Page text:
This is part of Marc H. Ellis’s “Exile and the Prophetic” feature for Mondoweiss. To read the entire series visit the archive page.
The President of Iran left the United States yesterday after a telephone conversation with President Obama. The good news is that some kind of nuclear agreement may be forthcoming.
Good news for the world may be bad news for Israel. Unless Israel is posturing. It could be that Israel is condemning Iran’s initiative in public while breathing a sigh of relief behind closed doors.
The world waits with bated breath to see if Prime Minister Netanyahu will once again bring his (literal) cartoon rendering of the world to the United Nations on Monday. With or without cartoons, he won’t be forthcoming about justice for Palestinians.
Netanyahu’s soliloquies are tiresome, shameful and playing to an increasingly limited audience. If anyone is listening outside a regressive Jewish minority, hawkish Tea Party members, Christian evangelicals and the peculiar alliance of right wing Republicans and liberal political elite bought by AIPAC, contact your nearest Israeli Consulate. You will be showered with affection. Political donations will be forthcoming.
So it is. The Iranian leader is painted by the Jewish establishments in America and Israel as a wolf in sheep’s clothing. Internationally, Netanyahu is seen as a wolf in wolf’s clothing.
No one should think Iran – or President Rouhani – is innocent. Iran has national interests in the Middle East and pursues them. If a few eggs have to be broken in the process, Iran does it without a second thought. Israel is no different than Iran. Both Netanyahu and Rouhani speak as if their nations are innocent. They aren’t.
What should be said about the political rendering of the Holocaust as Rouhani leaves and Netanyahu arrives? Time is on Rouhani’s side. His evocation of the Holocaust as condemnable, reprehensible and a crime against humanity when the victims were Jews and when the victims were non-Jews should be applauded.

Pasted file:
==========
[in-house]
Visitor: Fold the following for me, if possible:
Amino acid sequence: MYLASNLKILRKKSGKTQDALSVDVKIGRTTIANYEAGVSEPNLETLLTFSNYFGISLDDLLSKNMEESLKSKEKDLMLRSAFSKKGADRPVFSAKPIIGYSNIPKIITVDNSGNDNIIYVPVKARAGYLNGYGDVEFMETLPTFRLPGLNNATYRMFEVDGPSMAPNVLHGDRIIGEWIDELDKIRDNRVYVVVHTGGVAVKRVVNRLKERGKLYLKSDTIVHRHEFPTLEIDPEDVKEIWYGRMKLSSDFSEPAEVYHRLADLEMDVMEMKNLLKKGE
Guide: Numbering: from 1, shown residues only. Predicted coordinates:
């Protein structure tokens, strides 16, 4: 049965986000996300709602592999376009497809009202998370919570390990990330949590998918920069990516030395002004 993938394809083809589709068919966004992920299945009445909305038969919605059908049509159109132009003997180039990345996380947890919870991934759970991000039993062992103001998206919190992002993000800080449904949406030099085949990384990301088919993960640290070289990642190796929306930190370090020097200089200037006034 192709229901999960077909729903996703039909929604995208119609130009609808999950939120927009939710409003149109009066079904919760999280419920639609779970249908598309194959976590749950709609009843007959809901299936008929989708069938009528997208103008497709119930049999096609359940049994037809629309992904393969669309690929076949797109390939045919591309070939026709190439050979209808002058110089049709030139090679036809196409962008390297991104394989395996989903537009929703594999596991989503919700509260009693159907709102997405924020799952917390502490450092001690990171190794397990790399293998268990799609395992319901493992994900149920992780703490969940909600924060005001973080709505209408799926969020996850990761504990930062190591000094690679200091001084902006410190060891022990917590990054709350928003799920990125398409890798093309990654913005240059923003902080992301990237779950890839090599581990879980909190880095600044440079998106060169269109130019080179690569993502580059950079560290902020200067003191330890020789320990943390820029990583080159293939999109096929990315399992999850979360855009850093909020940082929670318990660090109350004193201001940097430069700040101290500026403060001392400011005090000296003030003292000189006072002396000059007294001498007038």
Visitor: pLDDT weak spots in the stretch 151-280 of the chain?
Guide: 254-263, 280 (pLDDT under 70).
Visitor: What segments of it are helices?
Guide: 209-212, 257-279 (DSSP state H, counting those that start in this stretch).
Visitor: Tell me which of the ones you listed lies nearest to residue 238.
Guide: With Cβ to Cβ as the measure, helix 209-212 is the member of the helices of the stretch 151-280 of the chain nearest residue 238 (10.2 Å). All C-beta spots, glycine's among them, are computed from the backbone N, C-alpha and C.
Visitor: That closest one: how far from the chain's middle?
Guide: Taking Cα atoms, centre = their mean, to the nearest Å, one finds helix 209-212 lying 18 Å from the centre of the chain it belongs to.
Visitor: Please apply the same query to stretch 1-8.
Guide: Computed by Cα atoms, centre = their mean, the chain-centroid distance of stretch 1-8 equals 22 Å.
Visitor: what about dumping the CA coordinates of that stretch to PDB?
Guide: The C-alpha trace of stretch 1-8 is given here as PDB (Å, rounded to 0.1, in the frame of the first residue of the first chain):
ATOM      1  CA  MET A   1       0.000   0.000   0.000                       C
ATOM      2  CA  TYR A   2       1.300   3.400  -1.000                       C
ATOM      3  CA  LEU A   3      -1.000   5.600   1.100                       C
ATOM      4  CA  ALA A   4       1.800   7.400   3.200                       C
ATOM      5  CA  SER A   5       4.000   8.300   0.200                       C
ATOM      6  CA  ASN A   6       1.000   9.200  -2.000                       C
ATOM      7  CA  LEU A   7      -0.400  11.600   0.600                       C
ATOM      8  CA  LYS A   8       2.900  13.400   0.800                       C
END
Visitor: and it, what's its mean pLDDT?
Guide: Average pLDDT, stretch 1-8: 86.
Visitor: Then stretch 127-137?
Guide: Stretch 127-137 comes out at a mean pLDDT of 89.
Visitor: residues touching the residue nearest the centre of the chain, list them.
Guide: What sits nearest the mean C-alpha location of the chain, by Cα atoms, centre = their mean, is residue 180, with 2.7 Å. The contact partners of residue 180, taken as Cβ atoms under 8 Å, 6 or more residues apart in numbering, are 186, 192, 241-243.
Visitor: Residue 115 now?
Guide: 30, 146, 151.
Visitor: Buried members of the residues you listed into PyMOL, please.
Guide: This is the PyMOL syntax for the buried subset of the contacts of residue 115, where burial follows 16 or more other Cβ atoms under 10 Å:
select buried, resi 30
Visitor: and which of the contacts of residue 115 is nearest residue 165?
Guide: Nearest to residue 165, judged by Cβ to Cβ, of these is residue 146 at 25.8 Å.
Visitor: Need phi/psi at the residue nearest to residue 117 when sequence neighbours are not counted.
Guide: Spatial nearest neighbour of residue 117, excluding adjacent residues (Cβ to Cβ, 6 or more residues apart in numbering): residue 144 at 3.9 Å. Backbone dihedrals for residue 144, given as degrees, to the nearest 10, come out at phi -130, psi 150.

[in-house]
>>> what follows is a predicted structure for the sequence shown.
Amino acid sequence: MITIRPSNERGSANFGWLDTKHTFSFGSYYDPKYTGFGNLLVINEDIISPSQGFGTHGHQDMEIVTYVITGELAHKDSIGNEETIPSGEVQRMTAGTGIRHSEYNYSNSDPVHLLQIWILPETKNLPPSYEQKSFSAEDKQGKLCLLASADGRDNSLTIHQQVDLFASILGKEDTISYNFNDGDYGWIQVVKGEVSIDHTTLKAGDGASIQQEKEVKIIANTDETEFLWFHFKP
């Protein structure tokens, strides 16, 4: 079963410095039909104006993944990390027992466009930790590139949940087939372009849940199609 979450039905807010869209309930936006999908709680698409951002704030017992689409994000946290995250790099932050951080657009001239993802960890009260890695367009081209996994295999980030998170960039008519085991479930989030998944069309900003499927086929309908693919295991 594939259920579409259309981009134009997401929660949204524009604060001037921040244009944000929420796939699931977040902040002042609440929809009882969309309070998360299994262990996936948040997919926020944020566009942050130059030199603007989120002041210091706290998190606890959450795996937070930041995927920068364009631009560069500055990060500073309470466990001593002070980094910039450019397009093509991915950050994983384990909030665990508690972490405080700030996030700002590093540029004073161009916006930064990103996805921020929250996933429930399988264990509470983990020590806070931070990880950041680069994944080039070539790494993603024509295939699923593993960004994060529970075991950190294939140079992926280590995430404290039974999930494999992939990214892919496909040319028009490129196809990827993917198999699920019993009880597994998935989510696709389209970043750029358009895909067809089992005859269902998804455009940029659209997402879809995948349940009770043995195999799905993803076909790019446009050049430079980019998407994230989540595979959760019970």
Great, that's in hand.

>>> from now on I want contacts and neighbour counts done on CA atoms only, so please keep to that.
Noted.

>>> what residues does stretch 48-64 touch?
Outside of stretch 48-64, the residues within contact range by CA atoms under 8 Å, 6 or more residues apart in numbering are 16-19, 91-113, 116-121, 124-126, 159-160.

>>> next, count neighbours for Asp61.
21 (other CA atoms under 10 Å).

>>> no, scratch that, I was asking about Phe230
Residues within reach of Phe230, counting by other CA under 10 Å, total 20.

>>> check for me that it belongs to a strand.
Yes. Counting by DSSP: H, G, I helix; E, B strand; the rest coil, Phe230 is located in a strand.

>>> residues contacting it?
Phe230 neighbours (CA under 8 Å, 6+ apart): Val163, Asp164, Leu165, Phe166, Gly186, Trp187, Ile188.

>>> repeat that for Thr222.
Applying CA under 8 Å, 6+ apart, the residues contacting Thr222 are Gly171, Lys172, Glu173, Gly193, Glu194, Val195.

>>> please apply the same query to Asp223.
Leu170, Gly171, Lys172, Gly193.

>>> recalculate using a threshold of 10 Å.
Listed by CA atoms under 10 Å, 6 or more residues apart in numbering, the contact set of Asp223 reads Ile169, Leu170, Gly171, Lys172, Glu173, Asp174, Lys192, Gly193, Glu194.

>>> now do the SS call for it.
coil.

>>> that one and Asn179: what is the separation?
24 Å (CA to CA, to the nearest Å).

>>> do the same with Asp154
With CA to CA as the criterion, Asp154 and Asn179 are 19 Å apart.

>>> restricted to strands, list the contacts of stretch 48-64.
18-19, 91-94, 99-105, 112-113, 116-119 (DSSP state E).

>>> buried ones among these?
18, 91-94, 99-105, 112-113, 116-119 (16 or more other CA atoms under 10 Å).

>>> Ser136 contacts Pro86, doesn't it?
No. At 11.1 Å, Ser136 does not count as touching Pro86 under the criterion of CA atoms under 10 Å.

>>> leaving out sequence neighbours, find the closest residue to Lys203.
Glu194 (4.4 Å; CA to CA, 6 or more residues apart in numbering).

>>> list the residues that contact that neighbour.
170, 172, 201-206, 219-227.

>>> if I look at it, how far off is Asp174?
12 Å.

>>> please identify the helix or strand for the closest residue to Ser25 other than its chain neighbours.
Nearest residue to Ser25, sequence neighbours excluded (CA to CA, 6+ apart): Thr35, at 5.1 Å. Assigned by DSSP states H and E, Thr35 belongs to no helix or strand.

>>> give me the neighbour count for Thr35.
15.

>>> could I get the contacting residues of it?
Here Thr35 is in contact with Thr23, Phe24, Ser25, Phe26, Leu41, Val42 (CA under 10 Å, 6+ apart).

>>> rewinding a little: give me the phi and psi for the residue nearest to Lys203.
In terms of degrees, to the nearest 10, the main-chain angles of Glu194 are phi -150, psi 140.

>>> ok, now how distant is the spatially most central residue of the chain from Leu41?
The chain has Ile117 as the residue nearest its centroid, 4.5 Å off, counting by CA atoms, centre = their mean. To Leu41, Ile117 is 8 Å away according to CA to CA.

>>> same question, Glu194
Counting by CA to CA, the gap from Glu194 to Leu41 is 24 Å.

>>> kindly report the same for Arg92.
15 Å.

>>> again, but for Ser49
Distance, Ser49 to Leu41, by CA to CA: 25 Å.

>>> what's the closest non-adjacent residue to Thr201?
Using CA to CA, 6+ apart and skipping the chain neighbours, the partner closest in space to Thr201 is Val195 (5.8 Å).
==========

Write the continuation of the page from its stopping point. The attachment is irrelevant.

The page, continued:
Rouhani’s parsing of the Holocaust and the dislocation and suffering of Palestinians is correct. This is how the international community understands it. This is how Jews should understand it. Jews of Conscience are already there.
Does this mean that the Holocaust for Jewish life is less important because Rouhani correctly points out that the Nazi conflagration engulfed millions of non-Jews as well? No. It means that the memory of the Holocaust has to be demilitarized. Using the Holocaust as a weapon against others – against Palestinians, against Iran, against Jewish dissidents, against Christians who break their silence on Israel’s abuse of Palestinians, against supporters of BDS – is wrong.
In the end, Holocaust warriors will lose their battle. They already have.
Rouhani’s representation of the Holocaust means that using Israel as wedge of Jewish defense against another Holocaust, if it was ever more than rhetoric, is time-bound. Its shelf life has expired. Israel is not a shield against another Holocaust.
Likewise, denying the Holocaust for political reasons or simply turning back the question of whether the Holocaust occurred by invoking Palestinian suffering, Rouhani’s predecessor’s way of hitting at Jews, Zionists, Israel and their fellow travelers, may be over, too. Good riddance.
However the Holocaust has been misused by the Jewish community in America and Israel, however expansive the suffering was in the Nazi era, playing around with the Holocaust for political reasons demeans everyone involved. No matter how the politician or individual argues the case – separating individual Jews from the historical event of the Holocaust or, in another situation, distinguishing Judaism and Zionism as an absolute division – usually it’s about Jews and the claims Jews make about their importance in the world. The politics of resentment is dead end stuff.
With that proviso, it remains true that Israel has made it more dangerous to be a Jew. As Netanyahu speaks at the United Nations – without or without cartoon renderings – it should be remembered that rather than a protector, Netanyahu’s rhetoric and policies place Jews in danger.
Does Israel always have to be a dangerous place for Jews? No. That would ascribe fate to a political process that could change the Jewish, Israeli, Palestinian and Middle Eastern equation.
What are the odds that Netanyahu will take up Rouhani’s offer to really change the face of the Middle East? It would require an about-face for Netanyahu, Israel and the mainstream of Jewish life.
This is precisely what Jews desperately need.